Moral of the story: Unless you're 100% certain that the company or the contract is going to fail within a year, TAKE THE ROYALTIES. And the unless doesn't even matter. If the company is already failing it won't be able to pay the flat sum anyway. So the rule reduces to TAKE THE ROYALTIES.

Labels: ,

 


<< Home

blogger hit counter
My Photo
Name:
Location: Spokane

Polistra was named after the original townsite of Manhattan (the one in Kansas). When I was growing up in Manhattan, I spent a lot of time exploring by foot, bike, and car. I discovered the ruins of an old mill along Wildcat Creek, and decided (inaccurately) that it was the remains of the original site of Polistra. Accurate or not, I've always liked the name, with its echoes of Poland (an under-appreciated friend of freedom) and stars. ==== The title icon is explained here. ==== Switchover: This 2007 entry marks a sharp change in worldview from neocon to pure populist. ===== The long illustrated story of Polistra's Dream is a time-travel fable, attempting to answer the dangerous revision of New Deal history propagated by Amity Shlaes. The Dream has 8 episodes, linked in a chain from the first. This entry explains the Shlaes connection.

My graphics products:

Free stuff at ShareCG

And some leftovers here.

ARCHIVES
March 2005 / April 2005 / May 2005 / June 2005 / July 2005 / August 2005 / September 2005 / October 2005 / November 2005 / December 2005 / January 2006 / February 2006 / March 2006 / April 2006 / May 2006 / June 2006 / July 2006 / August 2006 / September 2006 / October 2006 / November 2006 / December 2006 / January 2007 / February 2007 / March 2007 / April 2007 / May 2007 / June 2007 / July 2007 / August 2007 / September 2007 / October 2007 / November 2007 / December 2007 / January 2008 / February 2008 / March 2008 / April 2008 / May 2008 / June 2008 / July 2008 / August 2008 / September 2008 / October 2008 / November 2008 / December 2008 / January 2009 / February 2009 / March 2009 / April 2009 / May 2009 / June 2009 / July 2009 / August 2009 / September 2009 / October 2009 / November 2009 / December 2009 / January 2010 / February 2010 / March 2010 / April 2010 / May 2010 / June 2010 / July 2010 / August 2010 / September 2010 / October 2010 / November 2010 / December 2010 / January 2011 / February 2011 / March 2011 / April 2011 / May 2011 / June 2011 / July 2011 / August 2011 / September 2011 / October 2011 / November 2011 / December 2011 / January 2012 / February 2012 / March 2012 / April 2012 / May 2012 / June 2012 / July 2012 / August 2012 / September 2012 / October 2012 / November 2012 / December 2012 / January 2013 / February 2013 / March 2013 / April 2013 / May 2013 / June 2013 / July 2013 / August 2013 / September 2013 / October 2013 / November 2013 / December 2013 / January 2014 / February 2014 / March 2014 / April 2014 / May 2014 / June 2014 / July 2014 / August 2014 / September 2014 / October 2014 / November 2014 / December 2014 / January 2015 / February 2015 / March 2015 / April 2015 / May 2015 / June 2015 / July 2015 / August 2015 / September 2015 / October 2015 / November 2015 / December 2015 / January 2016 / February 2016 / March 2016 / April 2016 / May 2016 / June 2016 / July 2016 / August 2016 / September 2016 / October 2016 / November 2016 / December 2016 / January 2017 / February 2017 /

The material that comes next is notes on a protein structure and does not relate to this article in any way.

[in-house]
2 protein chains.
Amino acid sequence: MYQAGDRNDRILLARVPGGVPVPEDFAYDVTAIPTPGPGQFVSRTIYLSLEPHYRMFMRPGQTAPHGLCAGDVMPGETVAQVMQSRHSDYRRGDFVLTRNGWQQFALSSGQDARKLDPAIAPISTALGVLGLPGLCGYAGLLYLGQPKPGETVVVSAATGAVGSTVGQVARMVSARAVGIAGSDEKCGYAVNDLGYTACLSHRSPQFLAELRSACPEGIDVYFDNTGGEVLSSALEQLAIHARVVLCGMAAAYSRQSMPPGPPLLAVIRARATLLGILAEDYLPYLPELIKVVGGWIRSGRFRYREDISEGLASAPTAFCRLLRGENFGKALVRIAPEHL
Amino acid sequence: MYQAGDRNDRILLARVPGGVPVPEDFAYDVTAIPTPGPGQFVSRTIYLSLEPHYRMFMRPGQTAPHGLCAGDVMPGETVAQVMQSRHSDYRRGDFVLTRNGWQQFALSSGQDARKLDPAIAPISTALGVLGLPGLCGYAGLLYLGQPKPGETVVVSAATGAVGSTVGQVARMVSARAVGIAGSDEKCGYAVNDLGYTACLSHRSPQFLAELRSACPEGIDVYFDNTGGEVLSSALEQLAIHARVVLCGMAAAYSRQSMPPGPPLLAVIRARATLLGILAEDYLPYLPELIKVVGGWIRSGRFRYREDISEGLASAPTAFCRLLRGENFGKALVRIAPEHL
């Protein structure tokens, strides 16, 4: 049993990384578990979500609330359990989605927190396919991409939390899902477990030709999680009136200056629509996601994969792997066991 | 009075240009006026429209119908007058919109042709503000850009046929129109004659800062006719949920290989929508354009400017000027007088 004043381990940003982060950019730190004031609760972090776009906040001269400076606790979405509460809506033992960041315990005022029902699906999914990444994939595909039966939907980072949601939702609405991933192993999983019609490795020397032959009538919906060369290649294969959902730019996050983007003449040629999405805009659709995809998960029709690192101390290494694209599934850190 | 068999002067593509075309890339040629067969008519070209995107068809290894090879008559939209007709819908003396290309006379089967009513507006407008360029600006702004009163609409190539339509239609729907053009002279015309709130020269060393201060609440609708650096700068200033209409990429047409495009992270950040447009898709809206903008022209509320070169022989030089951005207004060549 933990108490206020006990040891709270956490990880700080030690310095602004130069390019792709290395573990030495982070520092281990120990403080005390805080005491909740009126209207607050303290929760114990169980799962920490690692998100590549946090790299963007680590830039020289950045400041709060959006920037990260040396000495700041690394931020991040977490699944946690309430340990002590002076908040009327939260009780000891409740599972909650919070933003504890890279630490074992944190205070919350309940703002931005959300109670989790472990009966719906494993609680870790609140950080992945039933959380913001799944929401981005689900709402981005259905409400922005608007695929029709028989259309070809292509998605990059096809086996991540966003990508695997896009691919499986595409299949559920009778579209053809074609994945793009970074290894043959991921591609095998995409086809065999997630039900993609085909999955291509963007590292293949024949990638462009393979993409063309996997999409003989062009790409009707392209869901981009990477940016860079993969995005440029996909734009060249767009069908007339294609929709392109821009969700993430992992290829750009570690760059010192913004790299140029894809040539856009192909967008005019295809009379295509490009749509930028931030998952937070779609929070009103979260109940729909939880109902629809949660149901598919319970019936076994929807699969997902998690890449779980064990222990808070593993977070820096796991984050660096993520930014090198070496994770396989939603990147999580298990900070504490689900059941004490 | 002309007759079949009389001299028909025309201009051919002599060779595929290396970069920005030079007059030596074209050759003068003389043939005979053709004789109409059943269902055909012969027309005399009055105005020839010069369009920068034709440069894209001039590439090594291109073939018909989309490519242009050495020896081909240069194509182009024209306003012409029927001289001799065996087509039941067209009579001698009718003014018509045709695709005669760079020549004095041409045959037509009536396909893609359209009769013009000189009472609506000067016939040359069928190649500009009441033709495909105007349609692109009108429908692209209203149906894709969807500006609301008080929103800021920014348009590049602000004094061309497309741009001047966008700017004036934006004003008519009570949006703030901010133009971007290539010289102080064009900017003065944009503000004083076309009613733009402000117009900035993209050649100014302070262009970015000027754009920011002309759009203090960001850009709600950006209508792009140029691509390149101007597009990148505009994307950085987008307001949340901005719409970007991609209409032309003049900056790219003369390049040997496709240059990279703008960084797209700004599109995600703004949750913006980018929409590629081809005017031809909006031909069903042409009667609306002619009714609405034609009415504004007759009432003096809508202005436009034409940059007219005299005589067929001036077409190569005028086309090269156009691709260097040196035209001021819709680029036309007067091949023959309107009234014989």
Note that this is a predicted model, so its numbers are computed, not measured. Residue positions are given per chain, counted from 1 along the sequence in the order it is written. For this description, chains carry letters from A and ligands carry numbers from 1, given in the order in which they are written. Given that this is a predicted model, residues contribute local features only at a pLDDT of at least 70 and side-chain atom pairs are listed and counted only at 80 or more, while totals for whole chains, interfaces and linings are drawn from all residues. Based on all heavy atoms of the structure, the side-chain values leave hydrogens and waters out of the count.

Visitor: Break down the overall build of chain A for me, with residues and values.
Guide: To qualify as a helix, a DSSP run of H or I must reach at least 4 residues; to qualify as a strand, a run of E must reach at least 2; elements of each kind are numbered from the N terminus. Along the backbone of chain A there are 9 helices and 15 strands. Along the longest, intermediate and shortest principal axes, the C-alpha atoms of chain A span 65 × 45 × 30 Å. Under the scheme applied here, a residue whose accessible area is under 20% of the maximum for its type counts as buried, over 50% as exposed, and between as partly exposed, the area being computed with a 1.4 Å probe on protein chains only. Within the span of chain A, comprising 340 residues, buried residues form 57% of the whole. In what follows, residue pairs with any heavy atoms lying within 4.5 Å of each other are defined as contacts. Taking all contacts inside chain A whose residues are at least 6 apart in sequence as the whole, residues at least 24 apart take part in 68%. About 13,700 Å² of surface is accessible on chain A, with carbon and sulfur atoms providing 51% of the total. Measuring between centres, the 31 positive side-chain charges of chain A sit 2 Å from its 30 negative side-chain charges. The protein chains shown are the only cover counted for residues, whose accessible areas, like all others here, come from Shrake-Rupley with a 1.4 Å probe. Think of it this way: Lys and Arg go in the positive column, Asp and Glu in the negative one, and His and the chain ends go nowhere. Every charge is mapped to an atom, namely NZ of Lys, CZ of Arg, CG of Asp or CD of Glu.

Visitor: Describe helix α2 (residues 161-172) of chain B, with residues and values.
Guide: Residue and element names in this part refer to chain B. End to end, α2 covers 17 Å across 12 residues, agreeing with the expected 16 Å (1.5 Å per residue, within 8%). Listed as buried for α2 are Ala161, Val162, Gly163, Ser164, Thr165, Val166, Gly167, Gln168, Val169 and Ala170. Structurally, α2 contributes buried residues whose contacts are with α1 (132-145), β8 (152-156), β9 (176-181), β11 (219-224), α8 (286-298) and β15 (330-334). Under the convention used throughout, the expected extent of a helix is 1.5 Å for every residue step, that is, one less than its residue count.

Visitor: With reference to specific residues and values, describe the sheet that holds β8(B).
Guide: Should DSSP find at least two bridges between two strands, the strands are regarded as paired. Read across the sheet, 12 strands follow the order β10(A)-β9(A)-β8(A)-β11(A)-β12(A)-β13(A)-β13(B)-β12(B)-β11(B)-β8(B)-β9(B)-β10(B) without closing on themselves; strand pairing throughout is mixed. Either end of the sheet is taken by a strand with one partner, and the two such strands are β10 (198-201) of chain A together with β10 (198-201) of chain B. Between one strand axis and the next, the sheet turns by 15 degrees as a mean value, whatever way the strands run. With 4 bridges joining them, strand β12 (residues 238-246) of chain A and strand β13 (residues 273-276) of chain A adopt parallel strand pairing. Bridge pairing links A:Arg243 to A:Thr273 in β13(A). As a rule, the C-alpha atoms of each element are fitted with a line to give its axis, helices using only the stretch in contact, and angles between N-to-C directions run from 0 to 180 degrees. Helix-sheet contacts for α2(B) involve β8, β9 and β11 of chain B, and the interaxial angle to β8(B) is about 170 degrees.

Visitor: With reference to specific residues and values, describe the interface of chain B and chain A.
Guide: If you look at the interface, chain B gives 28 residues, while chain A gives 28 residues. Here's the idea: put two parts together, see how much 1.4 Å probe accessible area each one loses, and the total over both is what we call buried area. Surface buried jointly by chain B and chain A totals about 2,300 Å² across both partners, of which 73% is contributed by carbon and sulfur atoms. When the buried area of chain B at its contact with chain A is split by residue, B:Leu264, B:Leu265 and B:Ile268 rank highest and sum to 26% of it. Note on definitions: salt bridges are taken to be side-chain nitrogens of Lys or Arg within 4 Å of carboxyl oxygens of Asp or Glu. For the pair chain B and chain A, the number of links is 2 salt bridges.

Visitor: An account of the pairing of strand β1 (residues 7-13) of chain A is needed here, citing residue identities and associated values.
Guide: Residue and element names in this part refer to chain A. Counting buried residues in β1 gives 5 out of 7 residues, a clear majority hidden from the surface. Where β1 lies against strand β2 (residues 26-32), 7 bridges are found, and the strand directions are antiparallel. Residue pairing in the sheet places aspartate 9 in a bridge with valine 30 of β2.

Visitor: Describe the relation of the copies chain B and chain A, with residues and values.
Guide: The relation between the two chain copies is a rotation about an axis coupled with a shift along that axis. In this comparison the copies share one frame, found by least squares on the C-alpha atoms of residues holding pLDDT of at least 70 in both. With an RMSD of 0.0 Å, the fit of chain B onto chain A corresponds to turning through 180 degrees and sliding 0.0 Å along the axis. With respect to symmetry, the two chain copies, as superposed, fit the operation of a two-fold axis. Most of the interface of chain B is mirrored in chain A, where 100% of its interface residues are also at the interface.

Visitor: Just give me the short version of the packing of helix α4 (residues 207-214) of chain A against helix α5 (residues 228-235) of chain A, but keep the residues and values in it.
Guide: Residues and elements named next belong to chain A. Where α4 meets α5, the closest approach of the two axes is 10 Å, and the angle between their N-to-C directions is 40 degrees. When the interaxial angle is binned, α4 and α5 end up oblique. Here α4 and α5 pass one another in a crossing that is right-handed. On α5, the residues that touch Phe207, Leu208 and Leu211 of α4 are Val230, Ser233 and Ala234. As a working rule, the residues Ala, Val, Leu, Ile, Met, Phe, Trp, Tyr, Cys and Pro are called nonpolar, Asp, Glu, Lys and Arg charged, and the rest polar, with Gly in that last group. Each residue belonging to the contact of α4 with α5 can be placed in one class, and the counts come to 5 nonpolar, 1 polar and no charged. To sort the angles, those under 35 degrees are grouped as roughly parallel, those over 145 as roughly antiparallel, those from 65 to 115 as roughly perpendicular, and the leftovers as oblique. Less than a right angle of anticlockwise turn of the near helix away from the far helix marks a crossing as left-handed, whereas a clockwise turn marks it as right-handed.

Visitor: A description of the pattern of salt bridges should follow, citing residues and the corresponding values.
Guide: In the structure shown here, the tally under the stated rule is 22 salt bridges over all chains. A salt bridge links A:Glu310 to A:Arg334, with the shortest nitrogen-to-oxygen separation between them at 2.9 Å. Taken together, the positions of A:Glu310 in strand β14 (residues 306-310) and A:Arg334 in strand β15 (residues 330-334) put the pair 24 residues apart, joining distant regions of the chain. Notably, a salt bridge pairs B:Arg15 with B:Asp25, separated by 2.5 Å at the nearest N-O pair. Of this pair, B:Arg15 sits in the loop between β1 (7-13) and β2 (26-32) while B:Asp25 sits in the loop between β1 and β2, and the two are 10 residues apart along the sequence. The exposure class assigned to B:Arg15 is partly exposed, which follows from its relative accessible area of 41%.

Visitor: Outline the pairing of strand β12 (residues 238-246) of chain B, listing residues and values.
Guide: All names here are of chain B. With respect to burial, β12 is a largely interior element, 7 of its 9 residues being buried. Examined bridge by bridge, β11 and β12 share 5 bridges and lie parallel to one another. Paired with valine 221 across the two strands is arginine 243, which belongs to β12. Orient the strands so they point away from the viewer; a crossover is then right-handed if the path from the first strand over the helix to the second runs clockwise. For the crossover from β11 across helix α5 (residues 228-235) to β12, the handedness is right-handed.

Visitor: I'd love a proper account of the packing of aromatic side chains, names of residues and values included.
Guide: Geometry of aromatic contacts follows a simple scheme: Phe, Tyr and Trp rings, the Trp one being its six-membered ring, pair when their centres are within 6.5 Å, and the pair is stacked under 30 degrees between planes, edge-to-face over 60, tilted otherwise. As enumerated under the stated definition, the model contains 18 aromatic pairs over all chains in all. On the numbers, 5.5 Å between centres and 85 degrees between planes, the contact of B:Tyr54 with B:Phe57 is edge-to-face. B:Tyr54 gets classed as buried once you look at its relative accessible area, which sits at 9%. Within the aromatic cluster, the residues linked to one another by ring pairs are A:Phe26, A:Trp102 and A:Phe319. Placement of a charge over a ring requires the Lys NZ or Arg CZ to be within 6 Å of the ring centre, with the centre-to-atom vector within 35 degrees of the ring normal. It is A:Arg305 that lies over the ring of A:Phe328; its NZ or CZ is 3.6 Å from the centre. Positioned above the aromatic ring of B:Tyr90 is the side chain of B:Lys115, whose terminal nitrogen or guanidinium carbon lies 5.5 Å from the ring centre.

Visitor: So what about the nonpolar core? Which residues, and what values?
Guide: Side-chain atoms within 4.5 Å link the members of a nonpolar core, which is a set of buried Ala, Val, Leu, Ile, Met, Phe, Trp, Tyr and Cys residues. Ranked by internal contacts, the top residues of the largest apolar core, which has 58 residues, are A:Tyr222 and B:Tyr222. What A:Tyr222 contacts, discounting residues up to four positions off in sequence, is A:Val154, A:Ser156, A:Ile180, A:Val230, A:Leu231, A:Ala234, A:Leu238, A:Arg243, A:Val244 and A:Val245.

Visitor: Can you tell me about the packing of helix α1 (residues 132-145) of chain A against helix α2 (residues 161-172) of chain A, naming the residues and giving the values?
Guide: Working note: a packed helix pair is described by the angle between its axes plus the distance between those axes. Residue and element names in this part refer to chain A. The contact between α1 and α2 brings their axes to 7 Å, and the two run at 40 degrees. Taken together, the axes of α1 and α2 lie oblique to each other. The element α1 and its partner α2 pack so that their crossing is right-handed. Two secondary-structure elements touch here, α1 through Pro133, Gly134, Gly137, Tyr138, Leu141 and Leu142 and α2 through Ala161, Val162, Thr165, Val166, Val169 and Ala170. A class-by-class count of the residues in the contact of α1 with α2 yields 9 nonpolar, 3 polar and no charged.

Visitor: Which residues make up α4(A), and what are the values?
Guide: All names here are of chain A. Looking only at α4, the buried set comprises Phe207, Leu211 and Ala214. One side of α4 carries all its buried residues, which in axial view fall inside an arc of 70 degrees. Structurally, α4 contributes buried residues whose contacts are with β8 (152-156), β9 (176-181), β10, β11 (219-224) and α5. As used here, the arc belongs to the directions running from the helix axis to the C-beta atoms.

Major tags or subjects:

Carbon Cult
Defensible spaces
Ethics
Experiential education
Grand Blueprint
Гром победы
Heimatkunde
Language updates
Metrology
Natural law = Sharia law
New toys
Skill-estate
Switchover

Powered by Blogger